Silver Cinemas

*Monsters, Inc. (G)
John Goodman is the voice of Sully, the scariest monster of Monstropolis, a parallel world, and Billy Crystal plays his sidekick, Mike Wazowski, a giant neon green eyeball with arms and legs and not much more. There is a ton of tongue-in-cheek humor, and frame after frame is packed with pop cultural references, sight gags and just plain cool action. The writers clearly went to town in amusing themselves. Go see it for the cool factors, but leave your hopes for decent social commentary behind. -- Andrea Lucard

Carmike 10, Chapel Hills, Cinemark 16, Tinseltown

*Ocean's 11 (R)

Carmike 10, Chapel Hills, Cinemark 16, Kimball's Twin Peak, Tinseltown

Out Cold (PG-13)
Small-town buddies Luke, Rick, Anthony and Pig Pen live to snowboard and party on Bull Mountain. That is, until town founder Papa Muntz dies and his son Ted decides to sell the mountain to slick Colorado ski mogul Jack Majors. Not reviewed.

Carmike 10, Chapel Hills, Cinemark 16, Tinseltown

Shallow Hal (PG-13)
How shallow is the Farrelly Brothers' newest homage to geekiness, Shallow Hal? Shallow enough to make anyone who is large by nature or who has loved someone of unusually large girth really, really angry. Here's the premise. Shallow Hal (Jack Black) and his shallow sidekick (furry touped Jason Alexander) birddog pretty women by night at their local nightclub. But when Hal is hypnotized by a self-help guru, he begins to see beyond physical exteriors to the beautiful interior of everyone around him. Thus, dogs (ie. women with bad teeth, fat women) become targets worth scoring. Gwyneth Paltrow must have temporarily lost her mind when accepting, then fulfilling the insulting role of the fat girl in question. Black, who is a gifted physical comedian looks desperately trapped in this role, bounded by the lame, predictable script. -- Kathryn Eastburn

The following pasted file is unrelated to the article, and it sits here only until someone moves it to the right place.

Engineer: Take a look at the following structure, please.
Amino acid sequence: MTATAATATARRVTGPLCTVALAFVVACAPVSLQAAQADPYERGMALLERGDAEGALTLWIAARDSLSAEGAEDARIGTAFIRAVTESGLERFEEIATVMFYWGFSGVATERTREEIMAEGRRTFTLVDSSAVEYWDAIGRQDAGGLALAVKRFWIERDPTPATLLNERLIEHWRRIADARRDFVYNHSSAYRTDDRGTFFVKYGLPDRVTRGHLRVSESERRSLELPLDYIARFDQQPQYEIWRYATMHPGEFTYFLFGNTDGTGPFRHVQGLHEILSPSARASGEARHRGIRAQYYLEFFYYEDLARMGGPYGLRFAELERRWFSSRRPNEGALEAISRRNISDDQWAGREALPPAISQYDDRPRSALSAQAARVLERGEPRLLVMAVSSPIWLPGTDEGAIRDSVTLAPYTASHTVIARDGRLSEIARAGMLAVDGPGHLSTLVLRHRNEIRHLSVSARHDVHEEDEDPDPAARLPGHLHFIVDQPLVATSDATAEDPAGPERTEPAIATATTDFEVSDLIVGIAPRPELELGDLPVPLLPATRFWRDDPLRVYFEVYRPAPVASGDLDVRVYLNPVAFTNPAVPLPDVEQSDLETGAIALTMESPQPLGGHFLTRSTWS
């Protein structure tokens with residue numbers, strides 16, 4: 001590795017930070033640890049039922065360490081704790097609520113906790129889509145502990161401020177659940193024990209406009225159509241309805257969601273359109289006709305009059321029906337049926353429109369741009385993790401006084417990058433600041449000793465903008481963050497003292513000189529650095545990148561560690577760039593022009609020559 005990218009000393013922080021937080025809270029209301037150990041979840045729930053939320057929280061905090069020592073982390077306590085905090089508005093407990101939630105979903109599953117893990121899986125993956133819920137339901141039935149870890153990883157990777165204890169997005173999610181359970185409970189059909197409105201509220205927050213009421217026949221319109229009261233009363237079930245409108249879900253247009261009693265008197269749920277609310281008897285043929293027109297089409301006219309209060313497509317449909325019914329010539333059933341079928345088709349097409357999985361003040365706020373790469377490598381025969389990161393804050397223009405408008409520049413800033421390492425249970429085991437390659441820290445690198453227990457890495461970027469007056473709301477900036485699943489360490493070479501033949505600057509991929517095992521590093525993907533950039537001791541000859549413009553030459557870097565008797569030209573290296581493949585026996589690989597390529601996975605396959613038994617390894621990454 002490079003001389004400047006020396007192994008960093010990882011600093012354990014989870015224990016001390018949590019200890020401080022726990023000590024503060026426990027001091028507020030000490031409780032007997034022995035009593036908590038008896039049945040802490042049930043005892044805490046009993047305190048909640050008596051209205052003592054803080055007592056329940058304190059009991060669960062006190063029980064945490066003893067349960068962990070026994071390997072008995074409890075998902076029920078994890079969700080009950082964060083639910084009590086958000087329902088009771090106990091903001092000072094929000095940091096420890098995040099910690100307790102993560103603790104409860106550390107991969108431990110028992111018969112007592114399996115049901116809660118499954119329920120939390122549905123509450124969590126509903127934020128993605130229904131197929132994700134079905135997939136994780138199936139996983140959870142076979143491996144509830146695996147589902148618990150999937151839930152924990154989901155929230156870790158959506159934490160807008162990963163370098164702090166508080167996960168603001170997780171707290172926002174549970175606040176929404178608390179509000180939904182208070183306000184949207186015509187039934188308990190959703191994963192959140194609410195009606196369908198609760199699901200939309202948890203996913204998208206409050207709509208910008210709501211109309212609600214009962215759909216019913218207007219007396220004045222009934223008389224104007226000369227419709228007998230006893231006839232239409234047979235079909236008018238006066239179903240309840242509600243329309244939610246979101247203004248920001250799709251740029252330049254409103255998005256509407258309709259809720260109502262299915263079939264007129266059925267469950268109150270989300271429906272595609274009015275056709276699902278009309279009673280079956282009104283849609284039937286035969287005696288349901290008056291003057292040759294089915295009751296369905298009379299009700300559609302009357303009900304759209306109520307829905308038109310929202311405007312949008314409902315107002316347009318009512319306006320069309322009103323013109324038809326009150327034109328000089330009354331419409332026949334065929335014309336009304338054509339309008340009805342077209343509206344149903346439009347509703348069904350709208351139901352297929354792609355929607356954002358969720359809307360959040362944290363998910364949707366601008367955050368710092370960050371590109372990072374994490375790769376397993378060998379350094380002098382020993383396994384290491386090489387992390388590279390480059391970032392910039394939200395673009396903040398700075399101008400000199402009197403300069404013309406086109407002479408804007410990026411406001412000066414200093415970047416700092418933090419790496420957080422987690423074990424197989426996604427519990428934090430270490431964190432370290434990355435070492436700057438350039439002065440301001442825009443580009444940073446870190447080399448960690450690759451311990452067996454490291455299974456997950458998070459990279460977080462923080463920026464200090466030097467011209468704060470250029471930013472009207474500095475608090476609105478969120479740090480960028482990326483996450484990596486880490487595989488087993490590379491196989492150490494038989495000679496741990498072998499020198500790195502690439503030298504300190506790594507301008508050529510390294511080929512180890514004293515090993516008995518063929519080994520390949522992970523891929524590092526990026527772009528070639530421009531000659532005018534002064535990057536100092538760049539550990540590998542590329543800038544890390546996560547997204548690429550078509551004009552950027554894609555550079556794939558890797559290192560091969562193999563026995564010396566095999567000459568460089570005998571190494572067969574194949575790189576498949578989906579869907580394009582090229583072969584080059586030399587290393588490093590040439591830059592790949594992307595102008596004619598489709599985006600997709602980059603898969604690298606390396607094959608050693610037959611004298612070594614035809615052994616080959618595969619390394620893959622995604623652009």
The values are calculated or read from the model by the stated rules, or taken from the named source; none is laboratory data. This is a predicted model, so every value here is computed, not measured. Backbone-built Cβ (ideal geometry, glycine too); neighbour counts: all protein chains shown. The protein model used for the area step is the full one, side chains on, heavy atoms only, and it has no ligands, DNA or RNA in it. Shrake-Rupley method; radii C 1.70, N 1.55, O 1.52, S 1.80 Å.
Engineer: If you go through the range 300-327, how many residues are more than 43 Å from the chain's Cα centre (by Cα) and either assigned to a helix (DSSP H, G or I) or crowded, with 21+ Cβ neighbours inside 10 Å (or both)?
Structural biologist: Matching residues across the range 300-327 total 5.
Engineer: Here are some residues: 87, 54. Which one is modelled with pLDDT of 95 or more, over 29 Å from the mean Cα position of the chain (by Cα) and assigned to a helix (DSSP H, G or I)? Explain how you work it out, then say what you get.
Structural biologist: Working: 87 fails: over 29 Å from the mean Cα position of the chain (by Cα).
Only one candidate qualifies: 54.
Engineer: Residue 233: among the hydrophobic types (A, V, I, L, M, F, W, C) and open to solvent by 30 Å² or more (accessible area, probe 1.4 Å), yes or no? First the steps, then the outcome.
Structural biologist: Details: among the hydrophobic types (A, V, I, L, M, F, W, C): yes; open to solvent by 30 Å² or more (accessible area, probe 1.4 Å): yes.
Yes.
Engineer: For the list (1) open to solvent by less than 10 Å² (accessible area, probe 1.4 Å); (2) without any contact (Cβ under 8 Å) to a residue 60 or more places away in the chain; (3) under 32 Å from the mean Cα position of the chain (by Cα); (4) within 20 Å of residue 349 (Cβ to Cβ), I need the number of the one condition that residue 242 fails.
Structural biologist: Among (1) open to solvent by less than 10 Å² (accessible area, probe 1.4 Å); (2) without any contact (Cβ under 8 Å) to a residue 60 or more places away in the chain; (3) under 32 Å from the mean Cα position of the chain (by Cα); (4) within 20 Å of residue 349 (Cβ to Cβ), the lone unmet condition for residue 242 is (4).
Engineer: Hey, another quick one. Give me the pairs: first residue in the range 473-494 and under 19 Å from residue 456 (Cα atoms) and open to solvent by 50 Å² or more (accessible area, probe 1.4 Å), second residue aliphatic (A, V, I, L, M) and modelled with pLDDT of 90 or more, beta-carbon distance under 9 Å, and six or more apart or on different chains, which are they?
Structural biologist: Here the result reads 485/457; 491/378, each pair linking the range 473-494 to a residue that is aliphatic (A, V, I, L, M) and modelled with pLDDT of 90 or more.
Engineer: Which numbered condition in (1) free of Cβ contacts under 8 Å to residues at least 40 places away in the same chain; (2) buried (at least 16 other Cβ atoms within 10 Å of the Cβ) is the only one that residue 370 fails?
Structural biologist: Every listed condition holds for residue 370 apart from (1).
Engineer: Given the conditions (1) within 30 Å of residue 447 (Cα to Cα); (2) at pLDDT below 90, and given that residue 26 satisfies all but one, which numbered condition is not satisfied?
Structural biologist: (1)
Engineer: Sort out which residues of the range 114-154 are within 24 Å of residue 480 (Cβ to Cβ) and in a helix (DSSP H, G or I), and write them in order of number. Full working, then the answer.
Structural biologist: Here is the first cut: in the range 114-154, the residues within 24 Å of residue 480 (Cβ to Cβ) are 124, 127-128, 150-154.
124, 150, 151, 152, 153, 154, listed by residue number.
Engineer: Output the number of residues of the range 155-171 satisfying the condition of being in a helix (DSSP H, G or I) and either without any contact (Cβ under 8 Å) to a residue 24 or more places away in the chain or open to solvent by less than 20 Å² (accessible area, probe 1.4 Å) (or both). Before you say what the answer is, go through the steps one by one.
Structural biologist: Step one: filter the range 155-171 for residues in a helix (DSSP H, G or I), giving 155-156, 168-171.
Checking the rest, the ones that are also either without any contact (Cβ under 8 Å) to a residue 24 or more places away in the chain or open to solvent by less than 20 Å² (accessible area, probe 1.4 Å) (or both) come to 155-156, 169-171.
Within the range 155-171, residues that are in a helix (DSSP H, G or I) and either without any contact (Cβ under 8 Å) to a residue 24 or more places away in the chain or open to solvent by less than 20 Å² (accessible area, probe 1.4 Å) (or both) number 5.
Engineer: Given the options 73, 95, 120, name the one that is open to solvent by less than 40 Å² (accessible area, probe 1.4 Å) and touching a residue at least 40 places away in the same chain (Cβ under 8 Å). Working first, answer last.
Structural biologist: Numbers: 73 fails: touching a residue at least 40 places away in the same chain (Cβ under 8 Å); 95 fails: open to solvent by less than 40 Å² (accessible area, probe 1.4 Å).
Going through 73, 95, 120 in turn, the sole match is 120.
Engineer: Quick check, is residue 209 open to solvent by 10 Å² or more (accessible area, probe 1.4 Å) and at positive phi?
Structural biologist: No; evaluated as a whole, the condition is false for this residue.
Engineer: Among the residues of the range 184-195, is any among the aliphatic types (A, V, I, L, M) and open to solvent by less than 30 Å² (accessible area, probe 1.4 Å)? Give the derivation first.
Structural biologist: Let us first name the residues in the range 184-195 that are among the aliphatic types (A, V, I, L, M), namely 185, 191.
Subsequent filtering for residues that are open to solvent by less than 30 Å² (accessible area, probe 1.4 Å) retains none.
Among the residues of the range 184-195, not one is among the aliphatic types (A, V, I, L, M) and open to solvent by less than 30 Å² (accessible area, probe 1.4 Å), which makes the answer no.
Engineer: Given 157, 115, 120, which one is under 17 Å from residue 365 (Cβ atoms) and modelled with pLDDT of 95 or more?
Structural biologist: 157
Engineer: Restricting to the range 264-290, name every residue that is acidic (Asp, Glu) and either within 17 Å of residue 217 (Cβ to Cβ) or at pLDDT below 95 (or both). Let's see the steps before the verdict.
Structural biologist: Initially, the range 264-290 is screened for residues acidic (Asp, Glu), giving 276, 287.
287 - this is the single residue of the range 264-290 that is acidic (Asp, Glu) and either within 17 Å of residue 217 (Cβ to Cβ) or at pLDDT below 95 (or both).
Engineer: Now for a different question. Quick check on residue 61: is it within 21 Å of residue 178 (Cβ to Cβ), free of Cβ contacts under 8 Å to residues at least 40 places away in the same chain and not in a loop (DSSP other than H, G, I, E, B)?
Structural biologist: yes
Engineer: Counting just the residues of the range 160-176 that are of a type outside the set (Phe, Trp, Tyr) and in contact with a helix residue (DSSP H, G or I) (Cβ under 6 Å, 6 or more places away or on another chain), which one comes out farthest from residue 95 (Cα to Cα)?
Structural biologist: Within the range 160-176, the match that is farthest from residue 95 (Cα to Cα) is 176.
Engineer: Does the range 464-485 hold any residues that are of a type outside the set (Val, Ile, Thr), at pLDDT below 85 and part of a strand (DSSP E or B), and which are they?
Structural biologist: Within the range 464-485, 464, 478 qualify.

Carmike 10, Chapel Hills, Cinemark 16, Tinseltown

Spy Game (R)
Robert Redford and Brad Pitt star in this thriller as CIA operative Nathan Muir and his protege Tom Bishop, who at one time worked closely and formed a bond of friendship. Now, years later, Muir discovers that Bishop has gone rogue -- and has been jailed in China on espionage charges. Also starring Catherine McCormack, Uma Thurman, Kimberly Paige; directed by Tony Scott. Not reviewed.

Carmike 10, Kimball's Twin Peak, Chapel Hills, Cinemark 16, Tinseltown

*Training Day (R)
Training Day is a brilliantly written and directed urban blood bath set in Los Angeles's mean streets of drug dealers, gang bangers and undercover detectives. Denzel Washington is brutally cruel as Alonzo Harris, a corrupt narcotics detective taking advantage of rookie officer Jake Hoyt (Ethan Hawke) on his first day of training for an elite detective squad. As Washington's character sinks deeper into completing his own cash-fueled agenda, Hawke's character is forced to fight a very different battle against crime than he anticipated at the start of the day. Director Antoine Fuqua (The Replacement Killers) builds the film's ever increasing tension to a series of gut wrenching crescendos that put the movie on a par with Abel Ferrara's Bad Lieutenant. -- Cole Smithey

Silver Cinemas